• If any manufacturer's safety bulletins have been complied with.
  • Inspect the vehicle and note any defects.
  • Test drive the vehicle - both highway and city driving, if possible.
  • Have a mechanic you trust inspect the car.
    • You will have to pay for this, but it goes a long way to 1) avoiding overpaying for the car worth considerably less and 2) negotiating a lower price as your mechanic will likely identify problems not previously noted.
Step 5. Determine the on-the-road price of the vehicles you're most interested in
  • Is the car roadworthy as it is? If not, how much will cost to get it on the road?
  • Consider fuel consumption.
  • Winter tires + other accessories?
  • How much will it cost to have the drivers on the insurance?
    • Call the insurance company you expect to use and provide all of the car and driver details, they can give you a quote. While somewhat onerus, this is a very important step to truly determine the true cost of the vehicle.
    • This cost varies widely by make, model, and year of vehicle, sometimes by several fold (e.g. 2013 GMC can cost 3x as much to insurance as 2011 Hyundai).
Step 6. Negotiate with several dealers at once
  • While you may have a vehicle your prefer over all others, develop your BATNA by seeing how low you can negotiate your next preferred two or three vehicles.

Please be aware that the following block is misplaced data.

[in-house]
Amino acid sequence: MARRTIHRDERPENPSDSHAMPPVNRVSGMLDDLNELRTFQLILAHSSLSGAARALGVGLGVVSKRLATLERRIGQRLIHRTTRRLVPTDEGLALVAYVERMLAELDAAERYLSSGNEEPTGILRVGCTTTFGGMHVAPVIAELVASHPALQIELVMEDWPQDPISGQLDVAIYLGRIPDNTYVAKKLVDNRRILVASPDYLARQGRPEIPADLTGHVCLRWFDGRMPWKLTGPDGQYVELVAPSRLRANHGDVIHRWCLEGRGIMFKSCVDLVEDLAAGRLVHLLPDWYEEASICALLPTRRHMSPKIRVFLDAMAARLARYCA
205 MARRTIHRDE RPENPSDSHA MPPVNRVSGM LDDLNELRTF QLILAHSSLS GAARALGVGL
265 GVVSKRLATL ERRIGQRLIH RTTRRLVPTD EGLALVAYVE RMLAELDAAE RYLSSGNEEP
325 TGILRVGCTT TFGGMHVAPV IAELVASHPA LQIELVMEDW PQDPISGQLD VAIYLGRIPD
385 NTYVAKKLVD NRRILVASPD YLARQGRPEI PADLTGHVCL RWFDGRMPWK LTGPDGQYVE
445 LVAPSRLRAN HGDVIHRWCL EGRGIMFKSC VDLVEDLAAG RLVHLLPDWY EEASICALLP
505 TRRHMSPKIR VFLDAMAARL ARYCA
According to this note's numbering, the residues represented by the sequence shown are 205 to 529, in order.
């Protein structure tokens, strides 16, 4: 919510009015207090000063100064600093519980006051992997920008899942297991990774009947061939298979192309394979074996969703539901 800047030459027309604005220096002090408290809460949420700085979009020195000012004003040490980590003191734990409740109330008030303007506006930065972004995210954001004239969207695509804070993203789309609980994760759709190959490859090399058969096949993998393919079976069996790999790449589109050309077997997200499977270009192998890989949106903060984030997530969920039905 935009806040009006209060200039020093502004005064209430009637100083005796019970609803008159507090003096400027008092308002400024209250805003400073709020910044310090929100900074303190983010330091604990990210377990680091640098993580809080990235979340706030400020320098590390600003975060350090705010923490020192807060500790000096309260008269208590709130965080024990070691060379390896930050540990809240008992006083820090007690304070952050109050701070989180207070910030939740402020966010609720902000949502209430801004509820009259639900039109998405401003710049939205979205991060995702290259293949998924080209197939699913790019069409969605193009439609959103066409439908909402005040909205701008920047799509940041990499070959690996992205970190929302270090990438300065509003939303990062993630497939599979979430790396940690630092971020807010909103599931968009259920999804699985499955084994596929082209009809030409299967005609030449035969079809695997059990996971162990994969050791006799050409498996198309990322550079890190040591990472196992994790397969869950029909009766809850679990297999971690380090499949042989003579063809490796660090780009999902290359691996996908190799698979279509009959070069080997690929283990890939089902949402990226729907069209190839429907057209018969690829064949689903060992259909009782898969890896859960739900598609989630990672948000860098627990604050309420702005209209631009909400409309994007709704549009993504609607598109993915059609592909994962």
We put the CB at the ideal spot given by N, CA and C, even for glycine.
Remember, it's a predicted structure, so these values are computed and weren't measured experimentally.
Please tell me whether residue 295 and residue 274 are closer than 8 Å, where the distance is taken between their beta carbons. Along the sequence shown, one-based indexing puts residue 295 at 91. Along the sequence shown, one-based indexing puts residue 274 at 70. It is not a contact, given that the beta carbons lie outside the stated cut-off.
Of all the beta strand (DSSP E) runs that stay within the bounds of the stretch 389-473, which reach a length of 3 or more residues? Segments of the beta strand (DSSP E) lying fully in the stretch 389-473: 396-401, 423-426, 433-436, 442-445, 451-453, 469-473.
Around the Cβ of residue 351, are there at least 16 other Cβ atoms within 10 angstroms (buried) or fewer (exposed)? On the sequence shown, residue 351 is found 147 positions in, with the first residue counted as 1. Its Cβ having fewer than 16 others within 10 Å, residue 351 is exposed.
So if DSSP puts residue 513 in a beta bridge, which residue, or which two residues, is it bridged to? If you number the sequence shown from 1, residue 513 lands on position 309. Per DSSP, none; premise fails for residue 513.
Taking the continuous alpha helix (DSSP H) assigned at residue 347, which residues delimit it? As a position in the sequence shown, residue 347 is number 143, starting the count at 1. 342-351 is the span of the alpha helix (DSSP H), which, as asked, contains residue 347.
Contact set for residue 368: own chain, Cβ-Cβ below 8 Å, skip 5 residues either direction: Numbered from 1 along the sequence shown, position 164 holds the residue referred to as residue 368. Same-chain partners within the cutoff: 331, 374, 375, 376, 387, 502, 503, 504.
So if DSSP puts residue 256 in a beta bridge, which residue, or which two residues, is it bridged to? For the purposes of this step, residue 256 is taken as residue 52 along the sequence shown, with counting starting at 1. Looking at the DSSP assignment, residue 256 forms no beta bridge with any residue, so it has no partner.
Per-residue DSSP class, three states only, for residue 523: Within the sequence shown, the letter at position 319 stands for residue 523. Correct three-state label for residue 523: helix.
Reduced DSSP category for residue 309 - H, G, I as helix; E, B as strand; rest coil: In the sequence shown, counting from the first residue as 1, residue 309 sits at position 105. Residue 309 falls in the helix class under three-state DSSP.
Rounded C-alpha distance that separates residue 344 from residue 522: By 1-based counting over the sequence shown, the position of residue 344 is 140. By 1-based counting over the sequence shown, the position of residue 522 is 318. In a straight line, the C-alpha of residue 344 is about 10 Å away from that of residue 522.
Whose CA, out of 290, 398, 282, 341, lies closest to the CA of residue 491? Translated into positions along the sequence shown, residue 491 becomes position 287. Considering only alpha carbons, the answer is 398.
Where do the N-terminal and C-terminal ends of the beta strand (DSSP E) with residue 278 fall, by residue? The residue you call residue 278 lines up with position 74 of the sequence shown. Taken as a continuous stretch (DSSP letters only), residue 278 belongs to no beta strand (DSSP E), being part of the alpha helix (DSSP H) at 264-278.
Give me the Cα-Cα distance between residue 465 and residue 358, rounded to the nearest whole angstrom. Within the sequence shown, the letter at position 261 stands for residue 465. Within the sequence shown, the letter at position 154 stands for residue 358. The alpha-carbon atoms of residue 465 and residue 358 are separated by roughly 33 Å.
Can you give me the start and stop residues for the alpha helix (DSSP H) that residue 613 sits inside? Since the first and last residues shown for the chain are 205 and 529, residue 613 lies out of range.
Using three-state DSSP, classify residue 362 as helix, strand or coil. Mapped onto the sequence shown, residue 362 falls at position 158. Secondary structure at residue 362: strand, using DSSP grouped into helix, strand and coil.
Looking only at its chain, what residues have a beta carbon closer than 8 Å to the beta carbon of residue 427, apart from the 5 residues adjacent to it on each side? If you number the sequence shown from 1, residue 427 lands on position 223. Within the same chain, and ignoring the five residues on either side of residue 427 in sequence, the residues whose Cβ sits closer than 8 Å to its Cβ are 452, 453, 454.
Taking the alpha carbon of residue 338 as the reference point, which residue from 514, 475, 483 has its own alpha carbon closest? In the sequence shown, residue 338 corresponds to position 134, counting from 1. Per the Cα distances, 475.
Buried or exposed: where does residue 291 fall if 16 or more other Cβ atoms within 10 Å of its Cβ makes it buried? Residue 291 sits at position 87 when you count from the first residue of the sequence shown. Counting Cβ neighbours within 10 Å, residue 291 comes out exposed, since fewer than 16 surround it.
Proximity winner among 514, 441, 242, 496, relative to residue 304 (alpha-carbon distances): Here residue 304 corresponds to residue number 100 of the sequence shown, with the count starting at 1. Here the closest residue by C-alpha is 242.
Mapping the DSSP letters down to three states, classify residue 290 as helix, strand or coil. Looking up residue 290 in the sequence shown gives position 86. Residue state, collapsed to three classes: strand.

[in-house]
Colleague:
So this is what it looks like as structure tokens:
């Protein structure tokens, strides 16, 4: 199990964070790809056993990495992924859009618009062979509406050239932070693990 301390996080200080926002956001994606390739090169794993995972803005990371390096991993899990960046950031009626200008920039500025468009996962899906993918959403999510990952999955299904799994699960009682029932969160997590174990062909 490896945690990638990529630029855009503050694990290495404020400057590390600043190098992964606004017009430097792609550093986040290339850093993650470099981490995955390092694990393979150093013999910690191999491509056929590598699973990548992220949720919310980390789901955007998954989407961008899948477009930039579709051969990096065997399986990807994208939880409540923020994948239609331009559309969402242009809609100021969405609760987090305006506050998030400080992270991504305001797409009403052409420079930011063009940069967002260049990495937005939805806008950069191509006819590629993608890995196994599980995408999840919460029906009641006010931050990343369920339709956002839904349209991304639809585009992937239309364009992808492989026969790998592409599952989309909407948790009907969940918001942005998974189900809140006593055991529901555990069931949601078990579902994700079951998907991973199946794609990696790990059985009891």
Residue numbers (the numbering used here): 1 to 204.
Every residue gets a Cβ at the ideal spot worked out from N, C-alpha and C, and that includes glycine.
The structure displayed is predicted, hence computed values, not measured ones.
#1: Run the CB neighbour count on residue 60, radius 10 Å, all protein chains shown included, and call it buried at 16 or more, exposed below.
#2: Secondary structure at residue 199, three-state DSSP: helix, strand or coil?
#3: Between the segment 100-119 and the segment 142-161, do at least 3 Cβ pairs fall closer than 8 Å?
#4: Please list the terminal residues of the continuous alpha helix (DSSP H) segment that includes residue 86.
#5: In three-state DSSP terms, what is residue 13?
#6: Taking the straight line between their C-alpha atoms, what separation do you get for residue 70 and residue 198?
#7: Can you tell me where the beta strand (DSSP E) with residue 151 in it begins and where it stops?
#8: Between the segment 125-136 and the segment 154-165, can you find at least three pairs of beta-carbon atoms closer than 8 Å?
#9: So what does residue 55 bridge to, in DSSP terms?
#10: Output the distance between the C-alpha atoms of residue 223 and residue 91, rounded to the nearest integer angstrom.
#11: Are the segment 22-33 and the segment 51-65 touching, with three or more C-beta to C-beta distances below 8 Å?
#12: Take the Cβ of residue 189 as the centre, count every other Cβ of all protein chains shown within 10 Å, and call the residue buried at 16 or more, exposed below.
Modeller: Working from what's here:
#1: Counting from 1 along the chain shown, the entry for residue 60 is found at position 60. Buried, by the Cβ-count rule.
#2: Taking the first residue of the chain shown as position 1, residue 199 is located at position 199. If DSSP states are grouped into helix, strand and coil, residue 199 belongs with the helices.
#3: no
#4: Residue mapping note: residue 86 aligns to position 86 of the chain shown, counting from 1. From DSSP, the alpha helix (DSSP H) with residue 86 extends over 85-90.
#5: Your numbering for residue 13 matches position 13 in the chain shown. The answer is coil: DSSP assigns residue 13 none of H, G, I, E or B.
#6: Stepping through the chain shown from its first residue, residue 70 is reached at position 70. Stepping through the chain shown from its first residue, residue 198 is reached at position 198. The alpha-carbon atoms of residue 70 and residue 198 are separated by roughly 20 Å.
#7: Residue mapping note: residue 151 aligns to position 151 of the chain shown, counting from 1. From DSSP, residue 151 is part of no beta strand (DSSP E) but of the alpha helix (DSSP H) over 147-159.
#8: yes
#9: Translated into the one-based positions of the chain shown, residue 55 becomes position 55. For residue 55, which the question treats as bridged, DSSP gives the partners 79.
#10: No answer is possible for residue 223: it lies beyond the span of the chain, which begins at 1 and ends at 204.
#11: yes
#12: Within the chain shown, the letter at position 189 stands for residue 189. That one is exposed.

• Understand that negotiation is an iterative process. There is a 'dance' to negotiation. Some general advice follows:
    • Have the dealer make the first offer - usually this is the posted price, but you can also ask about any special promotions etc.
    • Using an objective standard, such as the book value of the vehicle (there are several: Canada Blue Book, CarProof, Lemon-Aid), suggest a price in line or even below that (if you can justify the reason why it's lower (such as high mileage).
    • Go back and forth, getting a counter-offer from the dealer and making concessions yourself from your last offer.
    • Don't negotiate against yourself - once you've made an offer, get a counter offer before making another offer.
    • To obtain concessions from the dealer, mention issues that are making it difficult for you to accept their offer, such as:
      • High mileage;
      • Poor fuel consumption;
      • High cost of insurance (having actual quotes from insurers can be quite persuasive as it is strong evidence but also an indication you're serious about buying);
      • Minor or major damage to the car; and
      • Any costs necessary to make the car roadworthy (DriveClean, etc).
  • Don't be afraid to walk away - visit several times. Feel free to mention up front that you're interested in other vehicles at other places.
  • Towards the end, ask the dealer why you shouldn't just go with your BATNA (the other car).
  • Consider add-ins, as well as decreases price.
    • Often the dealer will reach a point where they're unable to go lower, but can still add in other features at little to no increase in price: remote starters, winter tires, extra key fobs, minor repairs, etc.
This is simply one approach, it is by no means that only way of negotiating the purchase of a used car. Those that are comfortable with other methods, particularly if they are able to obtain better results, should continue to use those methods, however, I hope this post provides a starting point for people that have never negotiated such a purchase.